Don’t Confuse Company Perks with Culture

Photo by Bao Truong on Unsplash

Ping pong and Foosball tables, free snacks, kegs of beer, work-from-home days — these are all perks of a job, not culture. Certainly, they can be byproducts of the culture that actually exists within a company. But, they should be seen for what they really are. Perks and benefits.

True company culture is rooted in what a company and its employees actually think, say, and do. If a company values truth and integrity, they will display it. If a company values the bottom line and a hierarchical structure, they will make it known.

During job interviews, what do you put more emphasis on? Perks or culture? Maybe, you discuss neither… If you fail to bring up culture, then you are doing your company and the candidate a disservice. I encourage you to focus on what culture actually is at your company and see if that is something attractive to the candidate and is an environment they will thrive in.

Likewise, when is the last time you audited your company’s culture to learn what it actually is versus what you think it is? If there is a gap that leans towards the negative, work on repairing the cultural gap.

Why does company culture matter so much? According to research conducted by Hays, “47 percent of people actively looking for new positions say company culture is the main reason.” Employees are more engaged, productive, and likely to stay when working in environments where the company’s cultural values match their own.

Ask yourself the following simple questions to assess your company’s culture -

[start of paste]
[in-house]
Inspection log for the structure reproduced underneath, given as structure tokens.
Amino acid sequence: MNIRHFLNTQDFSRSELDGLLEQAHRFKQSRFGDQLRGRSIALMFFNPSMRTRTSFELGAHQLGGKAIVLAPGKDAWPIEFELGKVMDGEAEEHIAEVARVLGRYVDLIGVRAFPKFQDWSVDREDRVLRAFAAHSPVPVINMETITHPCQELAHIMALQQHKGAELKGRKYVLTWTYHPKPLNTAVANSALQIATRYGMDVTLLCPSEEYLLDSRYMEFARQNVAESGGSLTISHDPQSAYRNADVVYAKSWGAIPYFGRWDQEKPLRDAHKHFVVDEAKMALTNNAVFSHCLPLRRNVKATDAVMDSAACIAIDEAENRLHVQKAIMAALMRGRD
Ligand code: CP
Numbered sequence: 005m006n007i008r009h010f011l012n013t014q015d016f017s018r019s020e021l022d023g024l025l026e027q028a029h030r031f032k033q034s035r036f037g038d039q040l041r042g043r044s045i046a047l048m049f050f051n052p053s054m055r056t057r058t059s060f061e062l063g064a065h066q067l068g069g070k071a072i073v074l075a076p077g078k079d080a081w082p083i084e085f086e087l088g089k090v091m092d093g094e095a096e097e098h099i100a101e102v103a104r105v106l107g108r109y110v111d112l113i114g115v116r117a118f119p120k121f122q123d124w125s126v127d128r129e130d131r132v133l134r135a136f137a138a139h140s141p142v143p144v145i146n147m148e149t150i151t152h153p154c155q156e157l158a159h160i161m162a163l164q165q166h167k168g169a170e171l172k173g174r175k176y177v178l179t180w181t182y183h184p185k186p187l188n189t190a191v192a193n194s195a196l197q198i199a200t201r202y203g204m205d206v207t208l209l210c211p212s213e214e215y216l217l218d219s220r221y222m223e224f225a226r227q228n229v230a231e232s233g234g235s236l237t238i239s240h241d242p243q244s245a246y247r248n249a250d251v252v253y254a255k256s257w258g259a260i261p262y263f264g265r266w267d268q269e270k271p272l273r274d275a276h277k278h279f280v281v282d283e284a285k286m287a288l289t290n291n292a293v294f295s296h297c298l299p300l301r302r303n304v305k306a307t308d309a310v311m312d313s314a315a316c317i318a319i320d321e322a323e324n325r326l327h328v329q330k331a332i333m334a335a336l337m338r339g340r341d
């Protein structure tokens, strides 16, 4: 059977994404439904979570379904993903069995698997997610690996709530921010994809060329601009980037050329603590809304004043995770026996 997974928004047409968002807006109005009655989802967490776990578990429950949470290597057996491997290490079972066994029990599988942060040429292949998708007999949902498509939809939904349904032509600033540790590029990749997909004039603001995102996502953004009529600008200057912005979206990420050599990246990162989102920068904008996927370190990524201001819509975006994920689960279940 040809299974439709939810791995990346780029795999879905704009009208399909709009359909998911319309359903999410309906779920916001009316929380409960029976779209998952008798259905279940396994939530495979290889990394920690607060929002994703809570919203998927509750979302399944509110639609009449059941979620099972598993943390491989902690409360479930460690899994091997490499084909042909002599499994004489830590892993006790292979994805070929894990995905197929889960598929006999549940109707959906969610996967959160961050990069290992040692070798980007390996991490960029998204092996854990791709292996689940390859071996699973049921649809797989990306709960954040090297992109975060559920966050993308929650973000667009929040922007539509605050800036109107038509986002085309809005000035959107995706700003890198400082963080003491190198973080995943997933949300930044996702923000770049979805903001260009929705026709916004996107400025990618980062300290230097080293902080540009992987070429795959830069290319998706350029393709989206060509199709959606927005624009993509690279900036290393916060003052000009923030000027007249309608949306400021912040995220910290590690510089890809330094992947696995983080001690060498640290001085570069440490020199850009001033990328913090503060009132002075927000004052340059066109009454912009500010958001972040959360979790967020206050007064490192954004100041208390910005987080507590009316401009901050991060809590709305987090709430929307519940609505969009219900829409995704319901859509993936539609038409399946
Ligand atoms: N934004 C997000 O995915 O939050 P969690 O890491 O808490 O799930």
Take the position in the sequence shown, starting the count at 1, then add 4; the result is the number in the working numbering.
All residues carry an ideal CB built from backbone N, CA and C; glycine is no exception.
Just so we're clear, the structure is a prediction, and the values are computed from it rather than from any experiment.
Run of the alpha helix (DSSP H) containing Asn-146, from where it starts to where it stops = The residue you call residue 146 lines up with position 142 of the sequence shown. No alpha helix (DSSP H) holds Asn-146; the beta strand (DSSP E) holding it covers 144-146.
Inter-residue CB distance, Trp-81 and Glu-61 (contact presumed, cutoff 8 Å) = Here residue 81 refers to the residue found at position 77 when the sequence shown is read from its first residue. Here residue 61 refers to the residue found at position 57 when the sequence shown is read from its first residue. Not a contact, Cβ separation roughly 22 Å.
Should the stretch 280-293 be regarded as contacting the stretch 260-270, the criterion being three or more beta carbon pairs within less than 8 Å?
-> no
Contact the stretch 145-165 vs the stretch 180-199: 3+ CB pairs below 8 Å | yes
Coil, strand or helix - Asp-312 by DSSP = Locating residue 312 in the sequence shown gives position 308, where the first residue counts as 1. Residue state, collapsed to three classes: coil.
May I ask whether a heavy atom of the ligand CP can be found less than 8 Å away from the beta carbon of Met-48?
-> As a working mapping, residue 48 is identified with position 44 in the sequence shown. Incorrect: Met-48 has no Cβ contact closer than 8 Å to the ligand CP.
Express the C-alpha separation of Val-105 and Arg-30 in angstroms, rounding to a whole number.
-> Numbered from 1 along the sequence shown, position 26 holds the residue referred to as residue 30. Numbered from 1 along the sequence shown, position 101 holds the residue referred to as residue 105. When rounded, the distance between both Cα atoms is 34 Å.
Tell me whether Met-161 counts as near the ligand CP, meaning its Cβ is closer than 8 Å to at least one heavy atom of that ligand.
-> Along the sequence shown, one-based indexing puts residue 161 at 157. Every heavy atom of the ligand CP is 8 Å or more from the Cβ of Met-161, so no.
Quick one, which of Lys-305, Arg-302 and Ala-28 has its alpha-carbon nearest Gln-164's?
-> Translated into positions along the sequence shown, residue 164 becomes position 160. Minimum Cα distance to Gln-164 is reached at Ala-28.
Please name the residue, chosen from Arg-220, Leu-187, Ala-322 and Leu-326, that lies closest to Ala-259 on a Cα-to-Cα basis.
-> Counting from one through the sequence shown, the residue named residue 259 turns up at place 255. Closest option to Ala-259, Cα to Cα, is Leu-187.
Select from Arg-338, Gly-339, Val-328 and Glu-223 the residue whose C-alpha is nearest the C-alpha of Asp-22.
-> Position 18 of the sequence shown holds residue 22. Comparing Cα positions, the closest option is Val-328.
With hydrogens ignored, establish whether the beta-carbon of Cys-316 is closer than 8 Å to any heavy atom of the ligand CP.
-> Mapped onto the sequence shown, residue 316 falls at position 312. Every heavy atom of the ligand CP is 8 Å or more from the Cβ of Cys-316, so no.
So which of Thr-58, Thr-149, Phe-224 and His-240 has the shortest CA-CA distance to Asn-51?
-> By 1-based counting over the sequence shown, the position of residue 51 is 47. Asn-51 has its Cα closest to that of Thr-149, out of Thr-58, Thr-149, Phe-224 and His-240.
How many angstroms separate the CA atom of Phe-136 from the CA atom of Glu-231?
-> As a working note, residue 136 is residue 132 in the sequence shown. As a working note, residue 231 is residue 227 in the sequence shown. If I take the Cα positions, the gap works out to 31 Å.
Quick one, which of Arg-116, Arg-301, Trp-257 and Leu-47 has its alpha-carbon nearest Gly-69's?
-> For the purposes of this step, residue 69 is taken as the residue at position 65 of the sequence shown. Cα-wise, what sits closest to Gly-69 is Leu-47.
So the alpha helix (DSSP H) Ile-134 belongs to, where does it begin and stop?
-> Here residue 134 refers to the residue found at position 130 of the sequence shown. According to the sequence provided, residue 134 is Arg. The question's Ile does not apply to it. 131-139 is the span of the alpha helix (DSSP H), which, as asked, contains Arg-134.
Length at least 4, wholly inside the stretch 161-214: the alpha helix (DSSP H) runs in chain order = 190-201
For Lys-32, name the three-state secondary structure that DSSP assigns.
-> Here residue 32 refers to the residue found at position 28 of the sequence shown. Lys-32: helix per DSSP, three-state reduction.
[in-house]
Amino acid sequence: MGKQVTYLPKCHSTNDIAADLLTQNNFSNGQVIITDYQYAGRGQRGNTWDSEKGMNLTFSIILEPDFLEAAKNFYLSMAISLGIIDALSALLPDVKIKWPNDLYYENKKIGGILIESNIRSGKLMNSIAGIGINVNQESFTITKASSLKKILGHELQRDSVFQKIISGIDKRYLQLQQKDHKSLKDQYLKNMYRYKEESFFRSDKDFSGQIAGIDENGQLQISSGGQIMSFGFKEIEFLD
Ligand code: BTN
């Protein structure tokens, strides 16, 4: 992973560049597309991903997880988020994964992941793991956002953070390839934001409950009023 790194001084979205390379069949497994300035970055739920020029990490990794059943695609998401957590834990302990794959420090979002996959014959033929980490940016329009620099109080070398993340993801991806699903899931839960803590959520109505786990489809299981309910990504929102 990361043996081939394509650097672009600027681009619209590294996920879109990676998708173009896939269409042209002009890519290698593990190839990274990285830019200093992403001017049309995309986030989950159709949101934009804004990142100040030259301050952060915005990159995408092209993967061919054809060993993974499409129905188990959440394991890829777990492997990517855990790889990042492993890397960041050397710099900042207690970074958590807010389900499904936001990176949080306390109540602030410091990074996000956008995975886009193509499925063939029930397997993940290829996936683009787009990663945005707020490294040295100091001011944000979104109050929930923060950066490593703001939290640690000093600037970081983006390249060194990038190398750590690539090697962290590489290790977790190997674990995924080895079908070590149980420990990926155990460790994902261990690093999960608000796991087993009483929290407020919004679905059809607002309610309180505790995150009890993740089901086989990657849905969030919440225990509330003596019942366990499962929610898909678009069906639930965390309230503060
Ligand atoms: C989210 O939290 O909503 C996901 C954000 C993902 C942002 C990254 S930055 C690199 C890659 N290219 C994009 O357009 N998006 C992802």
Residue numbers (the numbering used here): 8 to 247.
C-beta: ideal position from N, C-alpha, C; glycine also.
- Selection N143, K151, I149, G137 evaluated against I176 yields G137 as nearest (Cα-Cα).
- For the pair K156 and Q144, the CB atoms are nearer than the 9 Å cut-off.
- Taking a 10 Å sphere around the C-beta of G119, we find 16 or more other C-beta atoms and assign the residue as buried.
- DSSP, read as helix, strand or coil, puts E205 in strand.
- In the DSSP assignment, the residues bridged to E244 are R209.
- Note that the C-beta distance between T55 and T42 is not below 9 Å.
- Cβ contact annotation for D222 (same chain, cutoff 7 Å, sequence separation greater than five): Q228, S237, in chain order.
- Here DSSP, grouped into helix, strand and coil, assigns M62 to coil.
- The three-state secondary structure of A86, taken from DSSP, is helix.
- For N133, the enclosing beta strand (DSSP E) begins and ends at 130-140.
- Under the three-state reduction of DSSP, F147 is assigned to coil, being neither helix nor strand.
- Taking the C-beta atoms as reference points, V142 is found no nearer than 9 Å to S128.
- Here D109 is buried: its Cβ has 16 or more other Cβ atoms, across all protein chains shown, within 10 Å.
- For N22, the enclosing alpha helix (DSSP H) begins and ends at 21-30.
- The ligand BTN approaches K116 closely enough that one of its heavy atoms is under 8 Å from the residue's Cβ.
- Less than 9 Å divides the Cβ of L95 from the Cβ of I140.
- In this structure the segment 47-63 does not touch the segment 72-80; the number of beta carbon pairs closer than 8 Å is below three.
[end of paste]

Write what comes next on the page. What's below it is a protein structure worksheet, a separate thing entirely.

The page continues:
1. What is the top-down organizational structure? Hierarchical or is it more flat and agile?
  2. Is the organization so big that the company has a typical corporate feel and teams form their own unique cultural offsets? Or, is it big, but still feels small?
  3. Does leadership walk the talk? Or, do they say one thing and do the other?
  4. Are employees free to determine how they go about completing their own tasks? Or, are there restrictive procedures?
  5. Are employees free to skip levels and talk to upper management? Or, do they have to go through a chain of command?
  6. Does the company have a strong outlook for the future? Or, are they mainly in an operational steady-state?
  7. Are employees able to speak freely when they see issues or have ideas? Or, do they get discouraged after they provide feedback?
  8. Does the company encourage professional development opportunities? Or, do employees leave to seek development and advancement elsewhere?
  9. How do employees at your organization like to work? Have fun?
  10. How is employee performance tracked and measured?

Answering these questions will get you closer to understanding the true culture of your company — what it values, what it doesn’t value, and how employees reflect those values. This will, in turn, allow you to better communicate culture to new prospects and to measure alignment with those values. This assessment also can bring to light where the company’s “written” values fall short from reality.

Employees are more engaged, productive, and likely to stay when working in environments where the company’s cultural values match their own.

Whether your company is new or has been around for a while, to create and maintain the culture you want, focus on -

  1. Creating core values that are clear, concise, and give employees a sense of connection with the company
  2. Engaging employees to make values known, encouraging them to adopt them, and giving them a support system to carry them out
  3. Creating trust throughout the company so that the integrity of the values remain intact, employees feel safe to appropriately challenge them, and allow values to evolve over time

If this all leads to a few more perks, then awesome! Just remember, don’t confuse them with culture. 😀

Have some helpful tips for defining and broadcasting company culture? Leave a comment below and let’s discuss. Better yet, hang out with us on Slack! Looking for a tool to be a window into your company’s culture? Check out Dawfin.

Photo by Val Vesa on Unsplash